Pheebs attends three events - poetry for children, a lecture on animal behaviour, and an account of living with mental illness

My day started out ordinarily: get up, have breakfast, mess around, realise the time, mess around further with a guilty conscience, notice the time again, and pack everything and everyone in a final ten-minute panic and breakdown. All the while humming ‘No Worries, Be Happy’ to my granny’s irritation.

Anyway, we got in the car (vaguely) on time, and made it to my first event with a pretty smooth run over to Chipping Norton; meaning I was twenty minutes early.

That was okay, because I was there to see the excellent John Dougherty at his event. It meant I could have a nice natter and say hello before the event; but when he needs to leave to prepare for going onstage, do I socialise with others in the normal human fashion? Nooo, I sit down, all by myself, for fifteen minutes, doing nothing, and generally looking like a right plonker.

But then John came on and did an incredibly funny event about his new collection of poetry, Dinosaurs and Dinner Ladies; there was singing, poem recitals, and a paper thermos of tea involved, and this fine array engaged all the audience: plenty of wit for the adults to enjoy, not just the children. The poetry itself was mostly hilariously silly, but some of them were genuinely serious and thought-provoking, such as the rhythmic ‘I am the Bully’. That was one of the things that really stuck with me; although I must say the song ‘Auntie Fred’ did oscillate around my mind a few (read: many) times.

On making my way to a Very Short Introduction to Animal Behaviour, I saw a flower stall and thought that it would be nice to buy my mum and gran a posy of flowers each. I acted on this impulse later, which spiralled into a farce of inconvenience for everyone concerned, with a very remorseful and bewildered me at the heart of it; but since that didn’t happen until lunchtime, onwards with the chronological account of the day!

The VSI was in the Chequers pub, so after waltzing in (something I did to a lot of places that I thought were venues; sometimes I got this wrong and much embarrassment ensued), I seated myself and learnt some fascinating things about crickets, wasps and elephants from the engaging Tristram Wyatt. It was all interesting stuff, albeit perhaps a bit beyond my current (GCSE Biology) level, so some of it went over my head with the slight whistling sound of my ignorance. Nonetheless, I found it very enjoyable and educational.

I then scurried to the Mad Girl event, having (I’m not gonna lie) kind of forgotten what it was about. It turned out to be unforgettable.

It was the most extraordinary, eye-opening, and emotional event that I have ever been to. Bryony Gordon, who wrote the autobiographical book Mad Girl, was interviewed by Cathy Rentzenbrink about her experiences with mental health; and she took our collective breath away.

She dazzled us with her wonderful and quick wit, and then turned us around and shocked us with the ignored and unsought truths of mental illness: how little attention it gets, how it affects those with mental illness, how little treatment it receives… It is estimated that the average time for a young person with a mental illness between being diagnosed and receiving treatment is roughly ten years.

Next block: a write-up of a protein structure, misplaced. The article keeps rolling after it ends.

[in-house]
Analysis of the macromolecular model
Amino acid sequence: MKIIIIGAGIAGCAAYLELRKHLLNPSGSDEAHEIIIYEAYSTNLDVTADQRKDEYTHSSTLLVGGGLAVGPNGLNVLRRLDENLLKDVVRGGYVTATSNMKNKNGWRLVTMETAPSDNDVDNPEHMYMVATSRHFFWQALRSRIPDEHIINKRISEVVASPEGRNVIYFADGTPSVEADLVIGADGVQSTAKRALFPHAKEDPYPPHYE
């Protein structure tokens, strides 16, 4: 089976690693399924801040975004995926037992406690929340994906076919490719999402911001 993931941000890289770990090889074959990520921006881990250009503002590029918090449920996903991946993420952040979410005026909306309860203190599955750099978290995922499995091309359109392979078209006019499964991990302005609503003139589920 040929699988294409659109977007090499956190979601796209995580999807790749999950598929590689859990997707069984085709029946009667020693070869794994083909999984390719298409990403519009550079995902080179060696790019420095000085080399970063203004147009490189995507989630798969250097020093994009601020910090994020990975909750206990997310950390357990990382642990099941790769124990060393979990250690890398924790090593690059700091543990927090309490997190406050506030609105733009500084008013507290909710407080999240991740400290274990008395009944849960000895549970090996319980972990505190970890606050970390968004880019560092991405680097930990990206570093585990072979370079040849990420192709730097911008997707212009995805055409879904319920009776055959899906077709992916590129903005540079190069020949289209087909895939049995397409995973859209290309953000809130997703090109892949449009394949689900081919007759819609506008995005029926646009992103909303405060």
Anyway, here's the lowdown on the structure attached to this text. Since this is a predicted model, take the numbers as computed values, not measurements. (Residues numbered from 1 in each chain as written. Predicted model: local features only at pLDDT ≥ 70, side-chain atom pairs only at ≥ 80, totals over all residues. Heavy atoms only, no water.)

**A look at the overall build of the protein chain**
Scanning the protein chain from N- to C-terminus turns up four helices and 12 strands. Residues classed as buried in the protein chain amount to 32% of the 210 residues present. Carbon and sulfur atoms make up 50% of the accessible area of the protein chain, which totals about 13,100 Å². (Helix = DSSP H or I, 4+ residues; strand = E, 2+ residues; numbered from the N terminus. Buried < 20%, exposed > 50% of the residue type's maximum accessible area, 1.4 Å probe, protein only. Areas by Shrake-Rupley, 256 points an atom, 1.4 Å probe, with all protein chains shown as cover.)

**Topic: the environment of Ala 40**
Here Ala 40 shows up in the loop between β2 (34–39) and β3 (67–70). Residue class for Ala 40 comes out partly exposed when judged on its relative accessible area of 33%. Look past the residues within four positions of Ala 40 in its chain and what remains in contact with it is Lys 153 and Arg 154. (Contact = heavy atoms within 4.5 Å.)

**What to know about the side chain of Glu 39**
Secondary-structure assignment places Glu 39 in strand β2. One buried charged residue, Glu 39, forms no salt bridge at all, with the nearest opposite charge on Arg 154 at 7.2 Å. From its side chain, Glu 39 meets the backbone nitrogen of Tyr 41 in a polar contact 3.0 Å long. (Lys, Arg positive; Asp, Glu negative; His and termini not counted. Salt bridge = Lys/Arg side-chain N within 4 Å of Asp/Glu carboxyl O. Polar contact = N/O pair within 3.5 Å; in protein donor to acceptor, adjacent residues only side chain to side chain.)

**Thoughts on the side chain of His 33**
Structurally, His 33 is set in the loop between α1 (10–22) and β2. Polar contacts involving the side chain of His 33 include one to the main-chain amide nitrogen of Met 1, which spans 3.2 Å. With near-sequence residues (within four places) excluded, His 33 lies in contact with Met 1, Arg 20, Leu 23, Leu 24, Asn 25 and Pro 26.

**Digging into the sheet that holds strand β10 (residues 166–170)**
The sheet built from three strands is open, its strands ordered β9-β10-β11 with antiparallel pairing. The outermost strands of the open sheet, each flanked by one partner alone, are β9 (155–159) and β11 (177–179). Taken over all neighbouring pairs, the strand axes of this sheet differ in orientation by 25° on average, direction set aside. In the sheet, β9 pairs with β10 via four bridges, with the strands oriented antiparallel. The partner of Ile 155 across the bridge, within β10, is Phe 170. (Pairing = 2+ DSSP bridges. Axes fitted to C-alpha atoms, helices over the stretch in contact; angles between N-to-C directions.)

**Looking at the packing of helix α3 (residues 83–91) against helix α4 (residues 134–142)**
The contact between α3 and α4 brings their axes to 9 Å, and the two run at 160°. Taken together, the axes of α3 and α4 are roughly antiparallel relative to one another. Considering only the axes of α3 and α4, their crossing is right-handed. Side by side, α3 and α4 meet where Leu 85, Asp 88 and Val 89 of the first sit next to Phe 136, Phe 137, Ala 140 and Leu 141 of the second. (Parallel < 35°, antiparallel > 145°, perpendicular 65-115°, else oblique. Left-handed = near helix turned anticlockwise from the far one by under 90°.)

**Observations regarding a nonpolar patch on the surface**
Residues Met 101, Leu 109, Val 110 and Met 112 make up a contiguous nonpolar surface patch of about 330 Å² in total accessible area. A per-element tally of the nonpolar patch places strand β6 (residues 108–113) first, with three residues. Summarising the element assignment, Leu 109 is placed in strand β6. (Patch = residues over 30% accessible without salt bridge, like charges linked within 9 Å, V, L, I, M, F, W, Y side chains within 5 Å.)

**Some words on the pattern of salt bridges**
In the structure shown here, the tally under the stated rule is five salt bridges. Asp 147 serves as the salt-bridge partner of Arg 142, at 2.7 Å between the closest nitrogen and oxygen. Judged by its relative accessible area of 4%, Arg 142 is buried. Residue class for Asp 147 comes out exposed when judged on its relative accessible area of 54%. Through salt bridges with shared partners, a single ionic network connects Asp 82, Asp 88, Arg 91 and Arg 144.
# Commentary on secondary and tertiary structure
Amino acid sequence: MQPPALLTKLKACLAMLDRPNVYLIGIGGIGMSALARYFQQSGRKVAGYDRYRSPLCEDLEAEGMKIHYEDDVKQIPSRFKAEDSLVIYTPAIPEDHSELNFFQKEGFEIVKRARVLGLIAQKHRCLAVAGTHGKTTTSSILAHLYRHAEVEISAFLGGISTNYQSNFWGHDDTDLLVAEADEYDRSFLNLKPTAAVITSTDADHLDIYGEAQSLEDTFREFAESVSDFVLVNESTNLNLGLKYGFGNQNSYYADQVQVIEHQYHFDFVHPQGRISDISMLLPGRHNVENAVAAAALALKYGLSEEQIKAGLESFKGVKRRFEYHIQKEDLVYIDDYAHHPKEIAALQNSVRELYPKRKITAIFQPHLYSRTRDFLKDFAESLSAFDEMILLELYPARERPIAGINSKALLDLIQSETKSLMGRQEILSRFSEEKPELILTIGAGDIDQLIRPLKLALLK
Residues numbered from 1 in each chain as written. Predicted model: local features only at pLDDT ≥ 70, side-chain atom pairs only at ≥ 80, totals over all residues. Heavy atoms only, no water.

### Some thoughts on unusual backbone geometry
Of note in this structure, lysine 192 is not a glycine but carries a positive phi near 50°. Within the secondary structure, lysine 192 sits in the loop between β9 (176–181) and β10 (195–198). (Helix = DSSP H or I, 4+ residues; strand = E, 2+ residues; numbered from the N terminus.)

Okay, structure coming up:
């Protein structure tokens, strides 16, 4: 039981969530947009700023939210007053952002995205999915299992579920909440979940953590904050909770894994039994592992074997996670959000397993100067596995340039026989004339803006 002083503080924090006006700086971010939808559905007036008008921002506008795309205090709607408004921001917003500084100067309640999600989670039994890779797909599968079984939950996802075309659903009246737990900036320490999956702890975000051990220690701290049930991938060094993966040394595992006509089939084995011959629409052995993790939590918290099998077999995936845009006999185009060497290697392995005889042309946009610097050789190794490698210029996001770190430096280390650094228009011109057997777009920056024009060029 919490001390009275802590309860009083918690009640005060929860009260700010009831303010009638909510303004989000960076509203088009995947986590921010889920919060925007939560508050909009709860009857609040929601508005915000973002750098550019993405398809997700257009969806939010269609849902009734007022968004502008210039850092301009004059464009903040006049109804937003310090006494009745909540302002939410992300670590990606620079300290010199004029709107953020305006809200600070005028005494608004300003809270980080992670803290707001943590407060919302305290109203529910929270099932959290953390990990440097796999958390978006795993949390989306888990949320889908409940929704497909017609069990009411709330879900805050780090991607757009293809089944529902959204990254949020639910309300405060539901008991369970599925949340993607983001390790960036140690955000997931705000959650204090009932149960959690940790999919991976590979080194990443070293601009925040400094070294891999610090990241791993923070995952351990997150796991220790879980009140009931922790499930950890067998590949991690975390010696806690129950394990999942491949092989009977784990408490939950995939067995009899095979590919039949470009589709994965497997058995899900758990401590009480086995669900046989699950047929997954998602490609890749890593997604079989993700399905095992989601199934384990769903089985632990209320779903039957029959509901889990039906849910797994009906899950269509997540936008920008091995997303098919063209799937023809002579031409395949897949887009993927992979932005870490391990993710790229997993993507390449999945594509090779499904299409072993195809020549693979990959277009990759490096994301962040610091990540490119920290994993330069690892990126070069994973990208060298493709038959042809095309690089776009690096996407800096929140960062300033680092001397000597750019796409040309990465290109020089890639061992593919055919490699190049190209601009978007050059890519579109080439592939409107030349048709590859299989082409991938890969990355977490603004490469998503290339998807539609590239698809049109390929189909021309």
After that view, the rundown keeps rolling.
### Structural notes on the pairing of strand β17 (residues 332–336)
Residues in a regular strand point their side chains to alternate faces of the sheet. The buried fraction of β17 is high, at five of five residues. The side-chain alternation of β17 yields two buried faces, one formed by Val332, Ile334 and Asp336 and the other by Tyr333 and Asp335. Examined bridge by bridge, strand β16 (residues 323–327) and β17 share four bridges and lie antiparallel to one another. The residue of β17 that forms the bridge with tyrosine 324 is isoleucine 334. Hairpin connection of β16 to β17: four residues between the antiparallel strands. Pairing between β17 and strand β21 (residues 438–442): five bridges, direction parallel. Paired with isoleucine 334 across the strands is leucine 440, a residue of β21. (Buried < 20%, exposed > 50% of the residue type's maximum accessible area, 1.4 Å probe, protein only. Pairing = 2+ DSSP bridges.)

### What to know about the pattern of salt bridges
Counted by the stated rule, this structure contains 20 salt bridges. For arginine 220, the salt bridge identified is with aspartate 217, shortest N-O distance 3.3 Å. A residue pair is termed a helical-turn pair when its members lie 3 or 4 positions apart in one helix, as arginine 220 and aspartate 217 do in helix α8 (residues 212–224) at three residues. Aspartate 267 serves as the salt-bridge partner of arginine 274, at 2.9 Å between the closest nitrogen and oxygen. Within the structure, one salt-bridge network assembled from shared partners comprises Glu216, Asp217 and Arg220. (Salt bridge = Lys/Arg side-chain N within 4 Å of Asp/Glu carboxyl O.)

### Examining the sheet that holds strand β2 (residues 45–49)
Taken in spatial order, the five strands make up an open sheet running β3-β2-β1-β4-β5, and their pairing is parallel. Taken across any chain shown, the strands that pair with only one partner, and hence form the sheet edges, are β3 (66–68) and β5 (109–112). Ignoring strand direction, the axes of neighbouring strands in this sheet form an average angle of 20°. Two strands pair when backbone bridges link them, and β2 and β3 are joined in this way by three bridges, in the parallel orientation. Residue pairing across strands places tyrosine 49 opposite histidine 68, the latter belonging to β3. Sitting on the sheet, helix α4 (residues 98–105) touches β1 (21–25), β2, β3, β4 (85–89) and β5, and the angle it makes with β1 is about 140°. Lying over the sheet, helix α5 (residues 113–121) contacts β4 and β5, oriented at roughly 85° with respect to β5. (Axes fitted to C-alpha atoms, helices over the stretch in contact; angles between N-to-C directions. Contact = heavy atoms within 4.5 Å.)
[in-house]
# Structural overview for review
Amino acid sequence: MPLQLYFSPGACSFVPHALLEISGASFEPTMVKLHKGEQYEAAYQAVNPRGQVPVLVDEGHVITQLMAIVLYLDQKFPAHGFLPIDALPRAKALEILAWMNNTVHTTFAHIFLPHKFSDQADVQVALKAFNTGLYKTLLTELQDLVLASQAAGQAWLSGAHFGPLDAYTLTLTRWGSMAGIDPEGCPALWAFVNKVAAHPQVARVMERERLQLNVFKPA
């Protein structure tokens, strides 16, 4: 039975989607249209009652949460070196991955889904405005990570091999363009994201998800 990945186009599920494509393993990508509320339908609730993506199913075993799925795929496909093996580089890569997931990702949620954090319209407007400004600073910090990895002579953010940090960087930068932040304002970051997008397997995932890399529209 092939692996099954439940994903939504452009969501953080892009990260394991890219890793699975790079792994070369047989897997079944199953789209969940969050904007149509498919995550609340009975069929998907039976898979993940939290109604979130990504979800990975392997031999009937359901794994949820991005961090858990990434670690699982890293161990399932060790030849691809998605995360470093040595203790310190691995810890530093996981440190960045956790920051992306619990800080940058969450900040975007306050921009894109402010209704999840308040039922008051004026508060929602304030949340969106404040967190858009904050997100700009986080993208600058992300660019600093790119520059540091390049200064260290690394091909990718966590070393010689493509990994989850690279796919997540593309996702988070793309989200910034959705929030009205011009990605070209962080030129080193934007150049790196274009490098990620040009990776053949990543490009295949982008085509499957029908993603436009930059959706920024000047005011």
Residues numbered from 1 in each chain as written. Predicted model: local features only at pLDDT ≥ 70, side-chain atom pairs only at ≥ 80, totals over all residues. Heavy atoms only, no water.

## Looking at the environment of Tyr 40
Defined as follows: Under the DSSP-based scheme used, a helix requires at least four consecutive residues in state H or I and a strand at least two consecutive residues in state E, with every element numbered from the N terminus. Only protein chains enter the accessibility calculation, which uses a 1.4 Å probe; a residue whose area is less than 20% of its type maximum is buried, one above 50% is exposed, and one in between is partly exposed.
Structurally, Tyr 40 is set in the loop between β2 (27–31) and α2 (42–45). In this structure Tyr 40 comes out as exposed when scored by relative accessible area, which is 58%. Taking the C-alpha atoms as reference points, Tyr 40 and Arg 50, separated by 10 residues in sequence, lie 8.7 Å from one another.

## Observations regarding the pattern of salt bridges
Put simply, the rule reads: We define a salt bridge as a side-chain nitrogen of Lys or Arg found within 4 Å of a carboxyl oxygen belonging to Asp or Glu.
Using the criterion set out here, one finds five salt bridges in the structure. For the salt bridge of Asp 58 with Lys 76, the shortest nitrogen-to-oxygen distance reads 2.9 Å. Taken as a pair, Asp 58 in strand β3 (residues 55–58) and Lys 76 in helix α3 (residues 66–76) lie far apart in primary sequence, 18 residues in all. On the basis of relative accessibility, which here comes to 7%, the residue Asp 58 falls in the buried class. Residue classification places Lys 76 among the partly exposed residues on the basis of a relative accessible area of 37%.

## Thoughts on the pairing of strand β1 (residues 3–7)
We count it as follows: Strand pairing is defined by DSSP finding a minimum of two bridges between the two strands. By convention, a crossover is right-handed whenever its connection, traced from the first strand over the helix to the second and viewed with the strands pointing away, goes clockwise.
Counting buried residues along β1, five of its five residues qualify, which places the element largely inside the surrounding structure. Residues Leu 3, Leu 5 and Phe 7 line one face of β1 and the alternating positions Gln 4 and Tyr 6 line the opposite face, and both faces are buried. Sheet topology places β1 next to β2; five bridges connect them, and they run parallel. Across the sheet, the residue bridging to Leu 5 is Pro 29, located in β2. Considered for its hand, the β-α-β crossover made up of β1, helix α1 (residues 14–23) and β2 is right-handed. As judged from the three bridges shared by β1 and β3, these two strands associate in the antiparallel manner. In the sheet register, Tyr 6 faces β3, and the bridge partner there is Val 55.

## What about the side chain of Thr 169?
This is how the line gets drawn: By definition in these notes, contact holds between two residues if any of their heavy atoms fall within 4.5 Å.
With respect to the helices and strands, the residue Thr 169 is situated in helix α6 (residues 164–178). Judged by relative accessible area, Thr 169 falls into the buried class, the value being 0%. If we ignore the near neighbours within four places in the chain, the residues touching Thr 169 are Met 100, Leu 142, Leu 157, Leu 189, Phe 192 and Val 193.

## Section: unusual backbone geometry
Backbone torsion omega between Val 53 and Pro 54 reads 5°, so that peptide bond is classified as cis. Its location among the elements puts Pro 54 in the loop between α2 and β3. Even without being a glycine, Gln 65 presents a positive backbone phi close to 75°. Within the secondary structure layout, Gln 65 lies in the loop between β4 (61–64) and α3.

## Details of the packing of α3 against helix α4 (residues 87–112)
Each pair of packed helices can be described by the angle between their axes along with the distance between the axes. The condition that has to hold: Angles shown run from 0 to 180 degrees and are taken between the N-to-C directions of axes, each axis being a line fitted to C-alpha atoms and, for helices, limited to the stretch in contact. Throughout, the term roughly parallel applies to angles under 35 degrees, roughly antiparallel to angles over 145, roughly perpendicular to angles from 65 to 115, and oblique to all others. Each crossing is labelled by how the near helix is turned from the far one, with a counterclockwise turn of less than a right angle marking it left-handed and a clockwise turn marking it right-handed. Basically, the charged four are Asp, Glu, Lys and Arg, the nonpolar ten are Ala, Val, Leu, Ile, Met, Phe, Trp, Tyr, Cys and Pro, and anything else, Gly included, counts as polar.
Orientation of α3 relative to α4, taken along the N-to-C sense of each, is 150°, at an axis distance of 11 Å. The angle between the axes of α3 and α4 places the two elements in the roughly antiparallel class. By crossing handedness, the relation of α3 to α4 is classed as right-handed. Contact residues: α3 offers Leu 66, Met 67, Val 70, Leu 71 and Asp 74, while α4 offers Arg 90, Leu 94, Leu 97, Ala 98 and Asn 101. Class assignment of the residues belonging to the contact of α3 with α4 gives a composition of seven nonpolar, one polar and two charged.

When the interview opened up for questions and comments, there were several accounts of how some of the audience had experienced mental illness, which had been disregarded or not accepted by others. When the audience was asked if they had ever experienced or known someone who had experienced a mental illness, every person (as far as I could see) raised their hand.

But the most incredible moment was when a member of the audience stood up and shared a little about himself.

I want to respect his privacy, and I don’t want to put in too many details, but it was such a personal and touching moment that many were openly weeping. This young man had recently attempted suicide, but was now going down a different path, and had written a poem to express his earlier feelings. He asked to read it out and was invited onstage; he proceeded to perform the most moving recital, which was so powerful and heart-wrenching because it was so obviously straight from the heart.

And I felt the most incredible feeling of being united with the rest of the audience as he stood on that stage, trembling from emotion, as we cheered him; because it is the only thing that will ever work against mental illness, as far as I can tell. I have no right and no experience to talk about this, but I hear others who have experienced mental illness say that when people know about and, more importantly, help someone to cope with mental illness, it does mean something and just being there to listen is one of the most of important things to do.

I don’t mean to paint the whole experience in some romanticised ‘Dam buster’ theme tune, but if everyone steps up to the mark and actually pays attention to the thing that kills the most young people according to modern statistics, maybe a united front can get mental illness the attention it should have, and sufferers the treatment they need.

I also ask that if you are in need of help, please ask for it, because as they said in the event, talking about it and knowing that you are not the only one can help in itself. And if you don’t or didn’t know about the impact of mental illness, learn about it. Because if someone experiencing it asks for your help, your time, or for you just to listen to them, you should know why, and then you should know that you should help.

My next post on Part 2 of Saturday finishes the day, including the Flower Fiasco, but this is a good place to stop for now. I don’t know what else I can say, so thank you for reading this.